- Madden, A.D. Ford, N.J. & Miller, D. (2007). Information resources used by children at an English secondary school: Perceived and actual levels of usefulness. Journal of Documentation, 63(3), 340-358. https://doi.org/10.1108/00220410710743289
- Madden, A., Ford, N., Miller, D. & Levy, P. (2005). Using the Internet in teaching: the views of practitioners (A survey of the views of secondary school teachers in Sheffield, UK). British Journal of Educational Technology, 36(2), 255-280. https://doi.org/10.1111/j.1467-8535.2005.00456.x
UK academics’ perceptions of, and pedagogy for, information literacy (collaboration with University of Strathclyde). 2002-2005. Principal Investigator Sheila Webber, Co-Investigator Bill Johnston, funded by the Arts and Humanities Research Council.
There are opportunities at Research and Masters degree level to join with us in researching and learning about information literacy and information behaviour.
We welcome applicants for research degrees in the areas of information literacy and information behaviour.
Current students include:
- Laura Barber: “Researching online, blended, and face-to-face teaching methods of Information Literacy within Higher Education institutions”
- Stefan P. Hodson: “Investigating information literacy in the Civil Service workplace”.
- Evanthia Tramantza: “A longitudinal comparative case study of Engineering students' Information Literacy perceptions and needs in the UK and in Greece.”
Successful graduates include:
- Dr Syeda Hina Batool (Assistant Professor, Department of Information Management, University of the Punjab, Pakistan) “Exploring Information Literacy practices in primary schools: a case of Pakistan” (Supervisor: Sheila Webber) http://etheses.whiterose.ac.uk/id/eprint/15534
- Dr Phussadee Dokphrom: (Assistant Professor, Graduate School, Silpakorn University, Thailand). “An investigation into information literacy of undergraduate studies: a case study of the Faculty of Arts, Silpakorn University Thailand.” (Supervisor: Sheila Webber)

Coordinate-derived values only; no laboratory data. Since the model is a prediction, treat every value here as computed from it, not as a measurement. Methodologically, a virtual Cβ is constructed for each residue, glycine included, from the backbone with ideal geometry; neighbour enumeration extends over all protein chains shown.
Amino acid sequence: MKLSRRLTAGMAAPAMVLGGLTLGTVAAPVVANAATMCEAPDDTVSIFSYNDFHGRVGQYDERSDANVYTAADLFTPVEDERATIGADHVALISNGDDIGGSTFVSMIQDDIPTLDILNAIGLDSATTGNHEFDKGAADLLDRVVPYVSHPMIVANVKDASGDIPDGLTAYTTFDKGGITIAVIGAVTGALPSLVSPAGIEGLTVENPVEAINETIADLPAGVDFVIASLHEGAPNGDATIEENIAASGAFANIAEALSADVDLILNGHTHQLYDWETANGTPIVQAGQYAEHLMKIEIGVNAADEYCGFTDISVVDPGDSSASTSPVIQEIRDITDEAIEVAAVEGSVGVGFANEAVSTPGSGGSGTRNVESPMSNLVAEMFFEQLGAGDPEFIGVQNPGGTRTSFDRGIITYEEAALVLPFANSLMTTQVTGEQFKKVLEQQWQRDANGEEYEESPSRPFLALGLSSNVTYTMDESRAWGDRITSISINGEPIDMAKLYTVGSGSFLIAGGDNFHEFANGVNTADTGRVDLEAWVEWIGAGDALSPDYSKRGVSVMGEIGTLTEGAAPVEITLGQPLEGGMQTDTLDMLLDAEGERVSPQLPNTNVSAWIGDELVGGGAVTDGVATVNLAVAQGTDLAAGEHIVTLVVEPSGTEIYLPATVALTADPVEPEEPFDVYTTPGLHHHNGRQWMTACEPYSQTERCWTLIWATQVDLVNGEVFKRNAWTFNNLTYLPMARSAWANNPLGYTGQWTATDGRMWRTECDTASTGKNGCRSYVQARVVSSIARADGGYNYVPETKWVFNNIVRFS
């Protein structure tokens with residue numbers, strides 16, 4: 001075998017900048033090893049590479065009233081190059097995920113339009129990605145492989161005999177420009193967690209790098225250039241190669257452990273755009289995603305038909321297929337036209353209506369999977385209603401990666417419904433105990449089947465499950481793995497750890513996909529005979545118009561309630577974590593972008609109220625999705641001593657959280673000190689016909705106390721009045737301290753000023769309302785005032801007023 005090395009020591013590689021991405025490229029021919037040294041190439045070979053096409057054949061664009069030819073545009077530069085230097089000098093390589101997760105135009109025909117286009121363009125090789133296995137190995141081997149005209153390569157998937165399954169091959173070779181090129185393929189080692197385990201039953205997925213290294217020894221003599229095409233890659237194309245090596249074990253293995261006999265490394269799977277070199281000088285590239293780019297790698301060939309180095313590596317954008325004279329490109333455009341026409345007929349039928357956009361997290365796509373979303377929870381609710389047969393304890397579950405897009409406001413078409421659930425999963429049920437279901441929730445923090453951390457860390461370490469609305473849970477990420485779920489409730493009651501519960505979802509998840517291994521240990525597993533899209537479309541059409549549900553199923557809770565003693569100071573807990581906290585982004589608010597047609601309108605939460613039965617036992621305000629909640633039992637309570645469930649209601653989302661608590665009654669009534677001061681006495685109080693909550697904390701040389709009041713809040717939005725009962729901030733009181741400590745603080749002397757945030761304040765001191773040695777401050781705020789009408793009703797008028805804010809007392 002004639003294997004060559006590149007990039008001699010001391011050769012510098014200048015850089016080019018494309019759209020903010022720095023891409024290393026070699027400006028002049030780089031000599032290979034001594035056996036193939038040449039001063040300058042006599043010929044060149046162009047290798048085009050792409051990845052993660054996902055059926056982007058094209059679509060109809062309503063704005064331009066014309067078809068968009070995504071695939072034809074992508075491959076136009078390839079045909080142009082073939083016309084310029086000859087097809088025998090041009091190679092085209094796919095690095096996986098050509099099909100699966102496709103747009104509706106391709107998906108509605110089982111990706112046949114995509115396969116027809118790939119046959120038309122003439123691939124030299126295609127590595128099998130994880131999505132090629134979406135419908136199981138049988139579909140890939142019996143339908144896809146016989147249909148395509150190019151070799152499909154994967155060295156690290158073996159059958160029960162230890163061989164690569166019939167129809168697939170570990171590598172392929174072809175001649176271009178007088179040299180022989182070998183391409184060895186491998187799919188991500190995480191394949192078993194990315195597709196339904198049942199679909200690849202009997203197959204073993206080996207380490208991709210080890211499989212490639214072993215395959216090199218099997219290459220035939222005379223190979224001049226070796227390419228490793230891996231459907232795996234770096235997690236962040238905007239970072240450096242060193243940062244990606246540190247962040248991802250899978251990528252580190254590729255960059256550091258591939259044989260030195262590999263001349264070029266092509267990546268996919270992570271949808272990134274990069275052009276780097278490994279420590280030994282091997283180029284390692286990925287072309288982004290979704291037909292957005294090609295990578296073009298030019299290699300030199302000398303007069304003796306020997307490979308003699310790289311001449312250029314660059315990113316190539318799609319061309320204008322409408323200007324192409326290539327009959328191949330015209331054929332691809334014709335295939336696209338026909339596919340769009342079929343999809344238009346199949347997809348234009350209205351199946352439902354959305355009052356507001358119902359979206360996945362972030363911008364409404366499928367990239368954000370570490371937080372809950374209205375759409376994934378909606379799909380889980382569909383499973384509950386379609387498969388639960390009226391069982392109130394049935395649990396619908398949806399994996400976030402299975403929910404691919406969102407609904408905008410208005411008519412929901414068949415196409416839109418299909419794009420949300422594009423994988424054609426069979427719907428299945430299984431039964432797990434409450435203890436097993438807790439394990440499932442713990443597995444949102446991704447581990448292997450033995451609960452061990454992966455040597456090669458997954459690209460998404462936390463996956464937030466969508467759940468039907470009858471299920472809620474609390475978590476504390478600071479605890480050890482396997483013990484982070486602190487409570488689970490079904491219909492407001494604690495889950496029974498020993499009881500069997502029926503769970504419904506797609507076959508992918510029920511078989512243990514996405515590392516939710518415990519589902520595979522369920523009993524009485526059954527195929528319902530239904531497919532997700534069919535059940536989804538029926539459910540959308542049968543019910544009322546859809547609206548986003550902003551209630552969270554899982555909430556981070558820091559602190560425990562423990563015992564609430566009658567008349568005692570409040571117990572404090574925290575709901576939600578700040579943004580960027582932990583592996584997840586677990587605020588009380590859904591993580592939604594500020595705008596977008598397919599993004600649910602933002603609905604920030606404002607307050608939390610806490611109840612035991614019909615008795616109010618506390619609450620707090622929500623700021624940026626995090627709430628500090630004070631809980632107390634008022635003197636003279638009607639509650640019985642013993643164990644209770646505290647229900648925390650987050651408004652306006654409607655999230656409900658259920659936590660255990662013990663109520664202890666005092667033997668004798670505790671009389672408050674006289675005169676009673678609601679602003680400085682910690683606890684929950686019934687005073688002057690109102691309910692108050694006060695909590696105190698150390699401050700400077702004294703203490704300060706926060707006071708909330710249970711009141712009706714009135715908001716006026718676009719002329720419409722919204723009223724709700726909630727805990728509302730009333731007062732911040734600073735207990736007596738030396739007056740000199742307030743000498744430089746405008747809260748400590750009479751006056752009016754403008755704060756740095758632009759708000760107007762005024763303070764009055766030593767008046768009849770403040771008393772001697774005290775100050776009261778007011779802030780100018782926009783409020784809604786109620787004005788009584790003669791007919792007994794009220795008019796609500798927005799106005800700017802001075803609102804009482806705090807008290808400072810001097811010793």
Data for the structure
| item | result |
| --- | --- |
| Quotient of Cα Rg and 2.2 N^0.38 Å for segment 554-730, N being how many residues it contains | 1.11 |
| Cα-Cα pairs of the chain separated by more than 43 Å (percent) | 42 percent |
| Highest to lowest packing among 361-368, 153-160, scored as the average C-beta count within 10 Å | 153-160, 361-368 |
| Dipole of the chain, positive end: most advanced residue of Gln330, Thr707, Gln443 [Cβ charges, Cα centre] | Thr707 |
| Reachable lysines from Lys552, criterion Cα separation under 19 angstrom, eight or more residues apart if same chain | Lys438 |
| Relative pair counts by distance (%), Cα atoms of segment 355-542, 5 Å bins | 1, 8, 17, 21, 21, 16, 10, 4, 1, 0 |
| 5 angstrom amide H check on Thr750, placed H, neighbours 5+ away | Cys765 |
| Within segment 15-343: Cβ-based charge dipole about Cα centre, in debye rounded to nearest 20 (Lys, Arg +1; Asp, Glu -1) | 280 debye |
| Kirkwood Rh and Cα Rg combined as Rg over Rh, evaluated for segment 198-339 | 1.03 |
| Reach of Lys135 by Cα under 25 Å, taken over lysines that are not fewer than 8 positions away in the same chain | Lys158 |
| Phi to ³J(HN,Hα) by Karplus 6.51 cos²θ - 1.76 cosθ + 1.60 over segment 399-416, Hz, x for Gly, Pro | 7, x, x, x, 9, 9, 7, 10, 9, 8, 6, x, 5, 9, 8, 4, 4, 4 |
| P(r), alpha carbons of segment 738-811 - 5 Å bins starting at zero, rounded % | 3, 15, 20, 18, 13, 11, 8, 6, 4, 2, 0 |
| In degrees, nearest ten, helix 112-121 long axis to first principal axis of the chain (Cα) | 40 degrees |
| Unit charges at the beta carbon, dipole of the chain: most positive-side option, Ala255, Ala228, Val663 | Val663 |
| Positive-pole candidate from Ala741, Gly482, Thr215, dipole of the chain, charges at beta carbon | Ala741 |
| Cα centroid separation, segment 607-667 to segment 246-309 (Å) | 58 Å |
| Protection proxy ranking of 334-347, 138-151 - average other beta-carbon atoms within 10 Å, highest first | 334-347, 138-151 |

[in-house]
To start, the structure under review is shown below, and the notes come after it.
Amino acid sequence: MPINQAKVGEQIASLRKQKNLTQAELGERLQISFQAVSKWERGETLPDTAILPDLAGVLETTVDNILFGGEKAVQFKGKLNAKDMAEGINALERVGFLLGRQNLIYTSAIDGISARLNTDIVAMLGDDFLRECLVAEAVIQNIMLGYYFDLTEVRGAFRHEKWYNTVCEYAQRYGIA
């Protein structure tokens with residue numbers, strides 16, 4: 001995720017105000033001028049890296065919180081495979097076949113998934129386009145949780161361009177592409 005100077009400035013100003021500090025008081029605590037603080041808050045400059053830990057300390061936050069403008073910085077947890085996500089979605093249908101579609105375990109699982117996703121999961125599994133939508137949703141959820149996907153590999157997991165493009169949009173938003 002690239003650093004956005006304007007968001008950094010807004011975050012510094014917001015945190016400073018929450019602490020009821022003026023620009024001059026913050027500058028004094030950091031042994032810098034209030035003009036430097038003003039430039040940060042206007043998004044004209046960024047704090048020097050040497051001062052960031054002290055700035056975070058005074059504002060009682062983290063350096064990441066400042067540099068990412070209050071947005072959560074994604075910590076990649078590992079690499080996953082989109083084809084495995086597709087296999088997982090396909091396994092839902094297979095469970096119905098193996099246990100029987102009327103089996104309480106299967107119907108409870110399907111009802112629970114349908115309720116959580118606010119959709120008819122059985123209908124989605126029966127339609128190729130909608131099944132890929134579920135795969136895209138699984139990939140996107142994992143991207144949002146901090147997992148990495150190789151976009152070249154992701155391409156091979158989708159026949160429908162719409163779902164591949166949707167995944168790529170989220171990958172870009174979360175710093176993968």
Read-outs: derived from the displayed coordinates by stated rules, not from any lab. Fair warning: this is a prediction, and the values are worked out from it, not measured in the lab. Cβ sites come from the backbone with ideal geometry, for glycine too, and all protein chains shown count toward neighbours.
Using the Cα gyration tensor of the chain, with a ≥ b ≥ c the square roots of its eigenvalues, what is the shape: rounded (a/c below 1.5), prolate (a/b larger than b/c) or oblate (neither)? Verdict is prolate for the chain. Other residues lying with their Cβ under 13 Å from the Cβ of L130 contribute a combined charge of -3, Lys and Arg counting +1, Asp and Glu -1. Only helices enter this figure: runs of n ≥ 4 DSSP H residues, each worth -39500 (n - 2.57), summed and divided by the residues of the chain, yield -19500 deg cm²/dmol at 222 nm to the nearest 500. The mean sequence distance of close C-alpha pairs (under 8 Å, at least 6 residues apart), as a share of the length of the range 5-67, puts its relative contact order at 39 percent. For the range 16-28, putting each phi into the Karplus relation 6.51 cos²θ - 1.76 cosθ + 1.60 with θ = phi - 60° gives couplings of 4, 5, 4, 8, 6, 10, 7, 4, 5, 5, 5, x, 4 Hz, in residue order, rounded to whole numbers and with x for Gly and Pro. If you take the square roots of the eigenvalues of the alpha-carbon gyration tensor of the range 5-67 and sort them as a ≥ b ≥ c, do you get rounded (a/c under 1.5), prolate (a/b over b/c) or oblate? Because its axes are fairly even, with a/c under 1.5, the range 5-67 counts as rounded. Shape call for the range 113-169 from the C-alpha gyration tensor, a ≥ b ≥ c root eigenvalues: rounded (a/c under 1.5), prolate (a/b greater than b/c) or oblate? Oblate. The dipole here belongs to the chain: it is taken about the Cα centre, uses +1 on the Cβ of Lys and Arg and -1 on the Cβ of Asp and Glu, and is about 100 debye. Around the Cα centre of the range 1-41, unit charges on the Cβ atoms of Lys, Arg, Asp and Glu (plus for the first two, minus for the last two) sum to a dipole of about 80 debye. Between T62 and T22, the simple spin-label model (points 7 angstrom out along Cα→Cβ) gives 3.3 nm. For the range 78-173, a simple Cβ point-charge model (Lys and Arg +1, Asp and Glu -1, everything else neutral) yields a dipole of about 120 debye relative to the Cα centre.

- Dr Jess Elmore (Researcher, Learning & Work Institute, UK) “Information sharing in ESOL classes: People, objects and places”. (Supervisors: Sheila Webber, Dr Peter Stordy) http://etheses.whiterose.ac.uk/id/eprint/20026
- Dr Joseph Essel: “A study of Ghanaian teacher trainees' conceptions of information literacy” http://etheses.whiterose.ac.uk/id/eprint/14360 (Supervisors: Sheila Webber, Professor Philippa Levy).
- Dr Allen Foster (Reader, Information Management, Libraries and Archives, University of Aberystwyth) 'A non-linear model of information seeking behaviour' (Supervisor: Professor Nigel Ford)
- Dr Yazdan Mansourian (Lecturer, Charles Sturt University, Australia) 'Information Visibility on the Web and Conceptions of Success or Failure in Web Searching' (Supervisors: Professor Nigel Ford, Sheila Webber) http://etheses.whiterose.ac.uk/15101/
- Dr Robinah Namuleme. “Information and HIV/AIDS: an ethnographic study of information behaviour” (Supervisors: Professor Peter Bath, Professor Nigel Ford) http://etheses.whiterose.ac.uk/3772/
- Dr Maryam Nazari: (Founder, High Impact Researchers Program) “Information Literacy for online distance learning GIS programmes.” (Supervisor: Sheila Webber)
- Dr Shahd Salha: The Variations and the Changes in the School Librarians' Perspectives of Information Literacy. (Supervisor: Sheila Webber) http://etheses.whiterose.ac.uk/id/eprint/1538
- Dr Kondwani Wella: (Librarian, Kamuzu College of Nursing, Malawi & Visiting professor, “Experiencing HIV and AIDS information: a phenomenological study of serodiscordant couples in Malawi”. (Supervisors: Sheila Webber, Professor Philippa Levy) http://etheses.whiterose.ac.uk/id/eprint/10743
If you wish to study with us, you will need to know to apply for research, and whom to approach as a potential supervisor. You should therefore find the following links useful:
Students on any Information School programme can choose any information or library related subject for their dissertation, and dissertation topics of masters students who graduated in January 2019 included:
- Students' Experiences of Peer-Led Information Literacy Training in the NICE Evidence Search Student Champion Scheme (Kathryn Aylward)
- Embedding Information Literacy within the Primary School Curriculum: an Ethnographic Investigation (Danielle Stewart)
- The Research of Game Purchasing Behaviour in Final Fantasy XIV (Minxiao Cao)
- Texts, Lies and Literacy Debates: Conceptions of Information Literacy, Pedagogy, and the Discourse of Fake News (Christopher Thorpe)
- Exploring the information seeking behaviour of international students studying in the UK (Jiawen Guo)
- An exploration of the information seeking behaviour of information professionals whilst looking for CPD opportunities: a phenomenographic analysis (Radhika Jones)
- Information behaviour in the game Civilization (Jiahao Lu)
- Planting seeds: A study of information behaviours of vegans in Birmingham, UK on social media (Hannah Hickman)